Jurassic World 
June 12th


Don't even pretend like Chris Pratt leading a pack of velociraptors around on his motorcycle or the creation of the new, genetically modified Indominus Rex isn't awesome. Because it is awesome. And even if the movie squanders all of its potential and is terrible, you know you'll have to see it just to make sure. [Hannah]

Kingsman: The Secret Service
February 13th


Although I might be the only GeekRexer to say so, I think Mark Millar's had an enormous renaissance in the last year, and of all the really stellar new series he's introduced, The Secret Service was by far my favorite. The weird but dramatic tale of a young British troublemaker being taken under wing by his secret agent uncle and having to unravel a mystery involving world domination and sci-fi movie stars is one I'm very excited to revisit on the big screen, especially with veteran comic adaptor Matthew Vaughn at the helm. [Harper]

Krampus
December 4th


Michael Dougherty made a huge splash on the horror scene with his film Trick 'R Treat in 2007.  The anthology horror film provided great scares, fun humor, and an excellent inter-weaving plot that captured the fun of Halloween night.  Dougherty now shifts his focus to Christmas, specifically the mythical figure of Krampus, something still relatively unknown to most American audiences.  This will be Dougherty's first film since Trick 'R Treat, making fans all the more excited.  Here's hoping Krampus' first big outing in American theaters is a big success.  It's about time we had a good Christmas themed horror movie. [Shane]

The Look of Silence
July 17th


Joshua Oppenheimer rose to prominence with 2012's powerful, moving documentary The Act of Killing. The film spoke with a number of people who participated in a series of mass killings in mid-1960s Indonesia, allowing these pop-culture savvy killers to essentially recreate their crimes as scenes from American genre films, something they were all too happy to do. The Look of Silence, Oppenheimer's follow-up film, is a companion piece to The Act of Killing, this time focusing more on the victims of the government-sanctioned slaughters. If it's half as powerful as his previous film, this will be the year's must-see documentary. [Cal]

Mad Max: Fury Road
May 15th


You guys...that trailer. Seriously. George Miller's career arc can be divided into two phases: when he's directing Mad Max films and when he's making family fare like Happy Feet and Babe (yes, there's The Witches of Eastwick in between, but I'll conveniently ignore that for this argument). Luckily, the former looks to return to prominence this year. Tom Hardy stars in the role that made Mel Gibson an action star, in a film that Miller describes as a "western on wheels". I don't know if the world is really hungering for another Mad Max film, but then again, who cares what the rest of the world wants as long as I get something that looks this awesome? It's all about me after all. [Kyle]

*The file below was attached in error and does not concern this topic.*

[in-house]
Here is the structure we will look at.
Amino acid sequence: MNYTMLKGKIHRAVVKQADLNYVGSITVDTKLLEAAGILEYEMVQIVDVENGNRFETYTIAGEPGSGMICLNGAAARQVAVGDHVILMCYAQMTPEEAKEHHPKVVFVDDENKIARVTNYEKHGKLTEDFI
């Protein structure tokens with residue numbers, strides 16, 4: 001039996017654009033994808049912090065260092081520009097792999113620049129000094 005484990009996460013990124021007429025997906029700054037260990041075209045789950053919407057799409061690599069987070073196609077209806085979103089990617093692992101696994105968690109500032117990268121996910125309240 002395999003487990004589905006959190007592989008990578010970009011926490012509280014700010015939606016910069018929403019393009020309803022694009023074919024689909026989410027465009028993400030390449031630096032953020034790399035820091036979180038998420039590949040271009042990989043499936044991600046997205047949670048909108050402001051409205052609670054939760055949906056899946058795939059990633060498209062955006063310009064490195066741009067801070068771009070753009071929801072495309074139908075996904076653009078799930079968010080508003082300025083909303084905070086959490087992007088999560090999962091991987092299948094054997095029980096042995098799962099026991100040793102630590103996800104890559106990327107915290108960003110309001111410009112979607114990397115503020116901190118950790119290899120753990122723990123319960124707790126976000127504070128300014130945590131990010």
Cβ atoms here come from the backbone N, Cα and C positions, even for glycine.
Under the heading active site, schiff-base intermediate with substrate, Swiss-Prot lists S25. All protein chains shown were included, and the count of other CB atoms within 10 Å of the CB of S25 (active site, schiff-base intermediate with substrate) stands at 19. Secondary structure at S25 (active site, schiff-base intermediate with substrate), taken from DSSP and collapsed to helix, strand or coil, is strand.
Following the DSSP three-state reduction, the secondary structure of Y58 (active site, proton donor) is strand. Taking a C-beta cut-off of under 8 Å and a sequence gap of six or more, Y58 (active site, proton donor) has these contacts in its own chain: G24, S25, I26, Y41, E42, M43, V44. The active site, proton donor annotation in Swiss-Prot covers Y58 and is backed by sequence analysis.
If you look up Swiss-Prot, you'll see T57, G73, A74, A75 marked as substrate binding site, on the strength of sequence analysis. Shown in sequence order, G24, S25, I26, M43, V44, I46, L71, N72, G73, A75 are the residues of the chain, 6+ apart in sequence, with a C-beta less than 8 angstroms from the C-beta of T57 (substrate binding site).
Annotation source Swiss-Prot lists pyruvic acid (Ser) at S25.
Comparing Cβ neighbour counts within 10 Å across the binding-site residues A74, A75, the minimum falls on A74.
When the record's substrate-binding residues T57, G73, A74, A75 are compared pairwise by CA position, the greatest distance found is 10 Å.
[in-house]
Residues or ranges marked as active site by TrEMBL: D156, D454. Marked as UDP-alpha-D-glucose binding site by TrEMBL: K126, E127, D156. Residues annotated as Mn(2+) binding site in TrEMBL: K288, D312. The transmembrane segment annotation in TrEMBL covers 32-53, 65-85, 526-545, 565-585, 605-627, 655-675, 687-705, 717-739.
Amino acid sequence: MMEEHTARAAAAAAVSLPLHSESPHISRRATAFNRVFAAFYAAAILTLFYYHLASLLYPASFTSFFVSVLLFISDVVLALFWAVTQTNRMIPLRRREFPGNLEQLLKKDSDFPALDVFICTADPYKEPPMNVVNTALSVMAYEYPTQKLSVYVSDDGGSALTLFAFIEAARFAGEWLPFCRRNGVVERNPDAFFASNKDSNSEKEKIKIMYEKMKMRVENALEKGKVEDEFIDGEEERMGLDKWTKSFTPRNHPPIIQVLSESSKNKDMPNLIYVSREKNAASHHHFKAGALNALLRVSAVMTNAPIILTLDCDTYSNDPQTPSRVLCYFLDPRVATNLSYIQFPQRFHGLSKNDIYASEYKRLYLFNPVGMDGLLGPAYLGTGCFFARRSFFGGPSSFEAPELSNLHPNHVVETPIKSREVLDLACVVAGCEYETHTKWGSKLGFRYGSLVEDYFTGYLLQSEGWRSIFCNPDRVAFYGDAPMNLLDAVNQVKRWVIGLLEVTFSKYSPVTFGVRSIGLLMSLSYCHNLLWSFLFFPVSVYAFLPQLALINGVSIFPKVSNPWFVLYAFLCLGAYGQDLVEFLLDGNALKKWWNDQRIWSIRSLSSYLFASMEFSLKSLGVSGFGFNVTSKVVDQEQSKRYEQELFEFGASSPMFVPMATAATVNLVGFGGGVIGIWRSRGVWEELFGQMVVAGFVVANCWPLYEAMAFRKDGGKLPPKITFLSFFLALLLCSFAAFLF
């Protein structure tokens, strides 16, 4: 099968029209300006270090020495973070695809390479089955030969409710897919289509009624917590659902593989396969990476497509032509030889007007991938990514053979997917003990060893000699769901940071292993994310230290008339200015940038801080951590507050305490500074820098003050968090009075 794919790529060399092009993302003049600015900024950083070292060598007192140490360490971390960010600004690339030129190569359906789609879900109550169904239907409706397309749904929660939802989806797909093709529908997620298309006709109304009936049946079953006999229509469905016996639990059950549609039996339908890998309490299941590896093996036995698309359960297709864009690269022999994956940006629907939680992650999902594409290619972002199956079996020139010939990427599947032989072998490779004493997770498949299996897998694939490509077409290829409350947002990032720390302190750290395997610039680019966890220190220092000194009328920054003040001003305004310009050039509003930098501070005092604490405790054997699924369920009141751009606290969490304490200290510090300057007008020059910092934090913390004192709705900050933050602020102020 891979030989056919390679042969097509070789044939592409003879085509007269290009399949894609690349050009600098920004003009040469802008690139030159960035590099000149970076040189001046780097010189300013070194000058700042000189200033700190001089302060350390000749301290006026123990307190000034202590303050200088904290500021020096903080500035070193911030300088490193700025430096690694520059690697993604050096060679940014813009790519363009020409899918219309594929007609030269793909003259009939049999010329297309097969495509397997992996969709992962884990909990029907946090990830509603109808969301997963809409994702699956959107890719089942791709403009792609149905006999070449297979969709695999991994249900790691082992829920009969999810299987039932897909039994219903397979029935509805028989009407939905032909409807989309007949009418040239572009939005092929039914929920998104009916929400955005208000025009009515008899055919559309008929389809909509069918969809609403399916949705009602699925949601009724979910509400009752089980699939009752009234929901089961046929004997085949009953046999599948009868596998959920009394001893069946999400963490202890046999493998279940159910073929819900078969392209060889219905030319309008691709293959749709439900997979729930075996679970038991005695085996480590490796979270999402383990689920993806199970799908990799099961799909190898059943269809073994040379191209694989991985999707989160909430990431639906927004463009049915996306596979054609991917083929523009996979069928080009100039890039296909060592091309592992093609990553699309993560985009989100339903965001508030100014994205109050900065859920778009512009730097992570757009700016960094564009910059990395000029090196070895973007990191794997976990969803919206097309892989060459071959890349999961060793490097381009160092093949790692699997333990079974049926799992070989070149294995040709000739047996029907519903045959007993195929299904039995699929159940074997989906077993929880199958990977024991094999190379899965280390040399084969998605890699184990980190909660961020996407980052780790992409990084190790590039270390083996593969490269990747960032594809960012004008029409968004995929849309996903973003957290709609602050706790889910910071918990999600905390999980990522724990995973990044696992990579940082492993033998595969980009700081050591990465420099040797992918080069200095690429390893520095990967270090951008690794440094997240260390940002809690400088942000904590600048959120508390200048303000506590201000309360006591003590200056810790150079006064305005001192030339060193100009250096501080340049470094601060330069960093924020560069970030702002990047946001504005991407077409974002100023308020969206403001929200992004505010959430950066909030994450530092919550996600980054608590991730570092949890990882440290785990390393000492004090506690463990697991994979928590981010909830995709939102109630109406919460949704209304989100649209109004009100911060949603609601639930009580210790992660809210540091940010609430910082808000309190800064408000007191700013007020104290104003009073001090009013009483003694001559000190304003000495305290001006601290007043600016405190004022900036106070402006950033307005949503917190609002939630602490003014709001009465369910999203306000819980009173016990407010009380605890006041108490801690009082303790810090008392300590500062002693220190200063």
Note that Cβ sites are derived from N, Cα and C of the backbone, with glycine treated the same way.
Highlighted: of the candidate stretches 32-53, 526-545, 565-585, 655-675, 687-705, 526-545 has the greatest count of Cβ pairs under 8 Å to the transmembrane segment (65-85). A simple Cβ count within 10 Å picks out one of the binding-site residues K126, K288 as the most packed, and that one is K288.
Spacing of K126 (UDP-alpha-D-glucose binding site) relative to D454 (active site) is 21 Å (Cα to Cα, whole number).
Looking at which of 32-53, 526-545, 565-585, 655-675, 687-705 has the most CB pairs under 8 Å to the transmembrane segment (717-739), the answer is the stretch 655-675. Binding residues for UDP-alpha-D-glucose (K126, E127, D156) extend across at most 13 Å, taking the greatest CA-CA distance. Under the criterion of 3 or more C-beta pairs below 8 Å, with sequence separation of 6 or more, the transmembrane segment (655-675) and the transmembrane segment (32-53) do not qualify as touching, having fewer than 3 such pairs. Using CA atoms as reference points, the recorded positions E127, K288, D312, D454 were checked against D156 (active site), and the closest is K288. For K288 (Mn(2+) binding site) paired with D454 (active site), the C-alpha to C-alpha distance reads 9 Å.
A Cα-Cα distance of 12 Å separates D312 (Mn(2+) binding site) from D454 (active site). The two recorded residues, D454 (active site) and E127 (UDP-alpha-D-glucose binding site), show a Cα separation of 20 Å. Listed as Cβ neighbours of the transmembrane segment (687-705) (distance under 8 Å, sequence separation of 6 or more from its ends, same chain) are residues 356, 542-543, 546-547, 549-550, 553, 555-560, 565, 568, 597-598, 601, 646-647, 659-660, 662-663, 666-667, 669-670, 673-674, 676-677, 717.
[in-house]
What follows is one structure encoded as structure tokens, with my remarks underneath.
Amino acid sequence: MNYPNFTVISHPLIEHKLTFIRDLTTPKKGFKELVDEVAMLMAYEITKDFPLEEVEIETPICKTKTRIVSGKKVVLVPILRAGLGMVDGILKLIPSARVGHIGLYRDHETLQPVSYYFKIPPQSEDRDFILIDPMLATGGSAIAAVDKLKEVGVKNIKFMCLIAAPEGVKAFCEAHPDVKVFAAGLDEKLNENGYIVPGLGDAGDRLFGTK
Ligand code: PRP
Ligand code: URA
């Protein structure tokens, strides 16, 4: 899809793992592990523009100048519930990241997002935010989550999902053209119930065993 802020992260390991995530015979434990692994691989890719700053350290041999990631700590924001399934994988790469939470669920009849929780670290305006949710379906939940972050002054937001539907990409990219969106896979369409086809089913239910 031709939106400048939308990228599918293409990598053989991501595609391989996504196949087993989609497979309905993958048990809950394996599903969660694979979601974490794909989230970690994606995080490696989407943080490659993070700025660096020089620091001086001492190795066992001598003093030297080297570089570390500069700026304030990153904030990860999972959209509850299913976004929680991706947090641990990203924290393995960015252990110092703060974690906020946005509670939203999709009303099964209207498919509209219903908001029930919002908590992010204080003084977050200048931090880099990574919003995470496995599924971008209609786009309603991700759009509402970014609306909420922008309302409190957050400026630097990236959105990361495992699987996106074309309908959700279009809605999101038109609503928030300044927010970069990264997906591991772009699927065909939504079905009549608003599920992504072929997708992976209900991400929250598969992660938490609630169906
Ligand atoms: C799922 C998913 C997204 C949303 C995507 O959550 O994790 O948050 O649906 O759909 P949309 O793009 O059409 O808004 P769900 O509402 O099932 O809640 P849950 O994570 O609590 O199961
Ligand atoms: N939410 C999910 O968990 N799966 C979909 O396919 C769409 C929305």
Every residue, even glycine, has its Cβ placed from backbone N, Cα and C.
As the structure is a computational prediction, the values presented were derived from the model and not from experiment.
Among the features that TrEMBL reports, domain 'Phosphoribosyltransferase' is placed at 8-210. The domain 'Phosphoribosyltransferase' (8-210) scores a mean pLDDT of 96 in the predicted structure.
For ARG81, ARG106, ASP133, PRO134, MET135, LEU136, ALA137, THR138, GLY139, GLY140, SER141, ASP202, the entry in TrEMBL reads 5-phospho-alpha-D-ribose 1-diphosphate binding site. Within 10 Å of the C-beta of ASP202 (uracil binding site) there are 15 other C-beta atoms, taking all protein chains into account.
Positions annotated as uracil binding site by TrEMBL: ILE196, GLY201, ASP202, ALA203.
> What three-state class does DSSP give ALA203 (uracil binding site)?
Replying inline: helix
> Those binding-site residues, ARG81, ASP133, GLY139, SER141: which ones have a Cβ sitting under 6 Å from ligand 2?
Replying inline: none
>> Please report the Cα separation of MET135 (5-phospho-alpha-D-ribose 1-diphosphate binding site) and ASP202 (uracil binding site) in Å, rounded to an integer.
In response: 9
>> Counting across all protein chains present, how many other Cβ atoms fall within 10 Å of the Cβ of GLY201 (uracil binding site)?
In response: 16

The Martian
November 25th



Andy Weir's self-published sci-fi novel The Martian was one of 2013's most surprising pleasures, a book that can be boiled down to, essentially, Robinson Crusoe on Mars (no, not that one) as it follows a lone astronaut stranded on Mars with 4 months of supplies... and four years until the next Mars mission is set to land. The book is witty and very, very heavy on the science - it's become a favorite of engineers and astronauts - so I'm not sure how well that will translate, but the cast, which includes Matt Damon, Jessica Chastain, and Kristin Wiig, is killer, and hopefully Ridley Scott got... whatever the fuck was wrong with him our of his system with Prometheus and Exodus. We'll see. Still, if it's anything like the book, viewers are in for a treat. [Cal]

Midnight Special
 November 25th


Jeff Nichols made a big splash with his 2012 indie hit Mud, which arguably started the McConaissance. Mud is extremely down to earth and emotionally resonant, which makes his new film about a father learning his son has special powers especially interesting. If he can bring his unique brand of realism to this street level sci-fi concept, he might just have another critical darling on his hands. Plus, Michael Shannon=Awesome. [Harper]


The Peanuts Movie
November 6th


It's hard to not crack a nostalgic smile when watching the trailer for this upcoming Blue Sky animated film.  Seeing Snoopy, Charlie Brown, Woodstock, Linus, and the whole Peanuts gang on screen again brings back a flood of memories from childhood.  The nostalgia factor is going to likely be a huge selling point for many when The Peanuts Movie debuts this Fall, likely making it a huge hit.  Written by members of Charles Schulz's family, this seems to be the perfect way of celebrating the 65th anniversary of the comic strip.  Hopefully the film doesn't try to add too much modern humor to appeal to today's kids.... [Shane]

The Revenant   
December 25th (limited)